Like the river ice that had threatened Winnipeg with flooding, the danger is quickly melting away -- and crashing onto the shore in Selkirk.
Blocks of ice have seemingly stormed that city of 10,000 about 20 km to the north, where the Red River yesterday had risen about four feet in little more than 24 hours.
Steve Topping, an official with the provincial Water Stewardship Department, described the event as a "rather spectacular" ice invasion.
"You'll see huge pans of ice standing vertical, up to 20 feet high," he said of Selkirk's riverbank. "Ice was shoved up on the shore and took out trees with a very devastating effect. It has changed people's view of the river."
One large ice jam on the Red, which had been just south of Selkirk, moved Friday night to the area of Highway 4 at the community's northern edge.
As it flowed north, massive ice chunks were almost thrown onto the shore.
"It is incredible, the force. One piece of ice pushed out of the river about 20 feet," said Dean North, a professional at Selkirk Golf and Country Club. "You watch the force push this up right in front of your eyes."
Selkirk's eye-catching dilemma -- which came with apparently few reports of serious property damage -- emerged as Winnipeg's river ice has all but vanished. The capital was expected to possibly be clear of ice on the Red by last night.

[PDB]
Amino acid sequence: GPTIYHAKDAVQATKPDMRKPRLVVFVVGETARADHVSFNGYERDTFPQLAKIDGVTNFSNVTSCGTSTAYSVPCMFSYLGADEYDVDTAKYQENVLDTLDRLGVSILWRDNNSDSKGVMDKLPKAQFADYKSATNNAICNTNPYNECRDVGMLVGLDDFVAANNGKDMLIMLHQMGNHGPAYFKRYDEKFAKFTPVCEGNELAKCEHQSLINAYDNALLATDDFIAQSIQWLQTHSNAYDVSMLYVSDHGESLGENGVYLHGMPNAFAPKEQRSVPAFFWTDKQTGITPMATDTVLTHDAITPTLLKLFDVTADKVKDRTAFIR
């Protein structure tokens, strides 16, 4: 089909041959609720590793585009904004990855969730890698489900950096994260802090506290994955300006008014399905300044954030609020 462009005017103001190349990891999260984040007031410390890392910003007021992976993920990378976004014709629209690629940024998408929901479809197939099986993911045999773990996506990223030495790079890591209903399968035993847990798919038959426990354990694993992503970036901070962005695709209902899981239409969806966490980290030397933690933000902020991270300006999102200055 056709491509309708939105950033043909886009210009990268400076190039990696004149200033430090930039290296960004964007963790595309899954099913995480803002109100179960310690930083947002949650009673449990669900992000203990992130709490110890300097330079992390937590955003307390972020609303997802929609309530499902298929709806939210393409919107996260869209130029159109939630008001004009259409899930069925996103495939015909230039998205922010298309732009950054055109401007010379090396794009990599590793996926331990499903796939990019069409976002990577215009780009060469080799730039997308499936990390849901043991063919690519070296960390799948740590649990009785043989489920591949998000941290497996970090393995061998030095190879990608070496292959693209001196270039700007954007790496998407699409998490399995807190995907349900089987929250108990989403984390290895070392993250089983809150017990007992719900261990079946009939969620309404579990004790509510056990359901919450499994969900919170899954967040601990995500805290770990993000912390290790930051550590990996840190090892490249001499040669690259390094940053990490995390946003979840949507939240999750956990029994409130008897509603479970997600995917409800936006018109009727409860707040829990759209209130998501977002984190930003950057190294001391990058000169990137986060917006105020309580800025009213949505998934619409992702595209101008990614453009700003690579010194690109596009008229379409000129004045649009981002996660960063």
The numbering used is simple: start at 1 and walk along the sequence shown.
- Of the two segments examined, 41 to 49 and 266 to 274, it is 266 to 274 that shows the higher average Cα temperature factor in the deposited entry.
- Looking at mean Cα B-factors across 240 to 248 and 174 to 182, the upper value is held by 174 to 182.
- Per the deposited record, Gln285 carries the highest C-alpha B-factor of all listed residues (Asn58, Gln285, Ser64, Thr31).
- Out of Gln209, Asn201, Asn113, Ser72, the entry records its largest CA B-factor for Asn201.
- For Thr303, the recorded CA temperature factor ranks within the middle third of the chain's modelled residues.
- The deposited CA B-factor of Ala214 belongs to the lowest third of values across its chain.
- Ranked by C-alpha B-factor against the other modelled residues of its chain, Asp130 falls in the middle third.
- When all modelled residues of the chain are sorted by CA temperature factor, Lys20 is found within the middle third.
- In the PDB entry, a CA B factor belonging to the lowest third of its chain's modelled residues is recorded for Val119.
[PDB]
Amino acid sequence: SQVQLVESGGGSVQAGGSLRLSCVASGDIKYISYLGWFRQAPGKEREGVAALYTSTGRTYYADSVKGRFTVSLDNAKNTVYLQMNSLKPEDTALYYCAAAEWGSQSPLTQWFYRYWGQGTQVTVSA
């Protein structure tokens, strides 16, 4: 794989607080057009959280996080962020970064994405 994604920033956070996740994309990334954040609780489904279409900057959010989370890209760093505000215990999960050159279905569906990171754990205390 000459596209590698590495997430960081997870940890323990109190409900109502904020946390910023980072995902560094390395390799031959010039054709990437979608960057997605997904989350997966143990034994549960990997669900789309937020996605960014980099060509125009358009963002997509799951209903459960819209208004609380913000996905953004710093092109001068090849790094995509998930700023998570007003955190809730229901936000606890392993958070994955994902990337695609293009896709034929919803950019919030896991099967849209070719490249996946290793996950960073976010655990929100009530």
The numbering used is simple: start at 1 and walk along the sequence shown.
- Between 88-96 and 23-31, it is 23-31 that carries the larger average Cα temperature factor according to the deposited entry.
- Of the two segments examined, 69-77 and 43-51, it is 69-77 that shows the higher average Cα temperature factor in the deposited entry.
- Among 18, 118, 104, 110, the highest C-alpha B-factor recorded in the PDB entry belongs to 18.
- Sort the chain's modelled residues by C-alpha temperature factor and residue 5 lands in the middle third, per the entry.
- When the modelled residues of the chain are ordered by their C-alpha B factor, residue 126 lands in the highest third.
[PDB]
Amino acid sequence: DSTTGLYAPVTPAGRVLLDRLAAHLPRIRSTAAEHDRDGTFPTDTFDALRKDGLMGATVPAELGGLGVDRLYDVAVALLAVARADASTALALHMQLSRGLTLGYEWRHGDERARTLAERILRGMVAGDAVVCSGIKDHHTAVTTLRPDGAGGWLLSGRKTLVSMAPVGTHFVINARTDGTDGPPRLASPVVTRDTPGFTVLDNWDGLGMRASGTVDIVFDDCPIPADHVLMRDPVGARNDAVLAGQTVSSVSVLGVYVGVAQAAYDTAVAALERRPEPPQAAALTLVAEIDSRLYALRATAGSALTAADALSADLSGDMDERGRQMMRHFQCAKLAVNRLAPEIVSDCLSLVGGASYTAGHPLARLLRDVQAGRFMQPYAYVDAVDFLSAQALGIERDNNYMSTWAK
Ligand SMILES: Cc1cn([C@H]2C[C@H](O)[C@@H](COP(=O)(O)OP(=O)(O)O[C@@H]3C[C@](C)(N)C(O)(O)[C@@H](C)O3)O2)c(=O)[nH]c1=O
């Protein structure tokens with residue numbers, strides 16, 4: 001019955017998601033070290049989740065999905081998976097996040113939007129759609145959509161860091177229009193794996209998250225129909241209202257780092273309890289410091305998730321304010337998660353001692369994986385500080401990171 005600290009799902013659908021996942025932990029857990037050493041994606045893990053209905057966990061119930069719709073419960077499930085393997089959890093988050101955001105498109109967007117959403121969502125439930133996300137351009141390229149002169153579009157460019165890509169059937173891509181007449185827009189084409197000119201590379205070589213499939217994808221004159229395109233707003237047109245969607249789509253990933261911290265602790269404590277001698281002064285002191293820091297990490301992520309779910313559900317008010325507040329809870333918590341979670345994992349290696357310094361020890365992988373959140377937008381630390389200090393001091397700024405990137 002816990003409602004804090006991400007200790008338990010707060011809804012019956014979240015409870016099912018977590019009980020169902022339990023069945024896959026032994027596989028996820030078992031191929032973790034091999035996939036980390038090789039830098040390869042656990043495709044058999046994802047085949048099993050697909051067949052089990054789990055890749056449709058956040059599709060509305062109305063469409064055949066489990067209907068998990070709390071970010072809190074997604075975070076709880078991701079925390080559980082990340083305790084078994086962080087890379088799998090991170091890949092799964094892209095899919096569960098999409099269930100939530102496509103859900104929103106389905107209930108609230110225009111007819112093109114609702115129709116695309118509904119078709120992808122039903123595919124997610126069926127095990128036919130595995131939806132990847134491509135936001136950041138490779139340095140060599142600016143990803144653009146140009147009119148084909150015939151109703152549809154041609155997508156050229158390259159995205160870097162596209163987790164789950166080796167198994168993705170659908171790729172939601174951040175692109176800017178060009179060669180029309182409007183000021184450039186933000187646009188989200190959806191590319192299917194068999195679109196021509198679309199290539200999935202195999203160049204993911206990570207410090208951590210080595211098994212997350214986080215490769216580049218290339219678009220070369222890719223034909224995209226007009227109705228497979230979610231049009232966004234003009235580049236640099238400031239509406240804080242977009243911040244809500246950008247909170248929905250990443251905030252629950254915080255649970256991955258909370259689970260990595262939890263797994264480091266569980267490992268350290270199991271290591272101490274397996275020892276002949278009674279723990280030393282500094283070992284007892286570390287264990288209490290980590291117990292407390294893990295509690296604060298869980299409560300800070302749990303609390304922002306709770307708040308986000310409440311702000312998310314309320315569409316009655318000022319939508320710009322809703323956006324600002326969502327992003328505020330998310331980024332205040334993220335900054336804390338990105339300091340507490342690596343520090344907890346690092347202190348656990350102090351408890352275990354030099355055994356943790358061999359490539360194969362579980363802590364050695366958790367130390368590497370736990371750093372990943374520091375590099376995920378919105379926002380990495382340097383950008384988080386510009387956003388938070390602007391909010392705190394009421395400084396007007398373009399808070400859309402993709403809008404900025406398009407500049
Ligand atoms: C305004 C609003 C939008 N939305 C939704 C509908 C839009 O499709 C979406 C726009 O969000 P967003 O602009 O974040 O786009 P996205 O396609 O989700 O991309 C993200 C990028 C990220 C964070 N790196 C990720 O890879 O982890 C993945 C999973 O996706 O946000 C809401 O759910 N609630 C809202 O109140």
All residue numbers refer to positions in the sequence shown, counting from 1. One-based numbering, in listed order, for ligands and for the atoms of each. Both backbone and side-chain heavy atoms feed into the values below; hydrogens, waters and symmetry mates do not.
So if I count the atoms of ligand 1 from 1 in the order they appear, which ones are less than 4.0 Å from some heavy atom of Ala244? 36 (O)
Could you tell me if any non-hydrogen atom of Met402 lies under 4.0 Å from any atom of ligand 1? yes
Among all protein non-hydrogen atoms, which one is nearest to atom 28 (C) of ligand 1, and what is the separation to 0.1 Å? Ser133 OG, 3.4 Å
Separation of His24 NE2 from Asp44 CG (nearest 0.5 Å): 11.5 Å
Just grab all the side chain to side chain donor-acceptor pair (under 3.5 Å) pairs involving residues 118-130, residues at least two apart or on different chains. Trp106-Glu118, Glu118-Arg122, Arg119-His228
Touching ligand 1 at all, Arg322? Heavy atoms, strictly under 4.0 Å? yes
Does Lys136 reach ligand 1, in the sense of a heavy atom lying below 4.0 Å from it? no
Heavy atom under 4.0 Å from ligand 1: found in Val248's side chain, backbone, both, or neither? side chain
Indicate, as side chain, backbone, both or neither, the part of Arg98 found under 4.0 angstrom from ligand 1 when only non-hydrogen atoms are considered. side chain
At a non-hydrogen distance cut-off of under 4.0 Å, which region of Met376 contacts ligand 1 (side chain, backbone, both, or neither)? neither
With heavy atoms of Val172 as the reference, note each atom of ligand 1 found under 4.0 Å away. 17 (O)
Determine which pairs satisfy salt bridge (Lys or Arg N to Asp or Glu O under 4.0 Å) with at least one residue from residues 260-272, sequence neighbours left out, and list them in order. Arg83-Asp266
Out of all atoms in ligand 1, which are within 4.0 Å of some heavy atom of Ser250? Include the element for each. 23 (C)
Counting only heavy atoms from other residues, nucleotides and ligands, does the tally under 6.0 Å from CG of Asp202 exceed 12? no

"It has cleared significantly, just in the last several hours," Emergency Measures Minister Steve Ashton told reporters. "When it breaks it's quite something. It happens very rapidly."
The river at Selkirk's dock has climbed to within two feet of its record crest two years ago. The Red was anticipated to possibly reach its 2007 level there if the jam at Highway 4 hadn't broken up by late last night.
Meanwhile, about one-third of Selkirk's 18-hole golf course was under about a foot of water late yesterday after the river came over a dike.
"The ice jam kind of moved around our golf course slowly," North said, adding any damage to the links will be far less than what the facility sustained in 2007. "The danger is the ice jam north of town. They're the ones fretting now."
Just north of Selkirk at Breezy Point, access via a main road has worsened for residents ignoring advice from authorities to temporarily leave their homes in order to avoid becoming stranded.
"Three teenagers had to be escorted out of Breezy Point because they stayed overnight and couldn't get out with their vehicles," said Don Brennan, acting director with the Manitoba Emergency Measures Organization.
Despite the lessening of flood dangers in Winnipeg, Ashton said the city is not "in the clear" as rain is forecast for the next two days and a temperature of 17 C on Tuesday is expected to cause swift melting.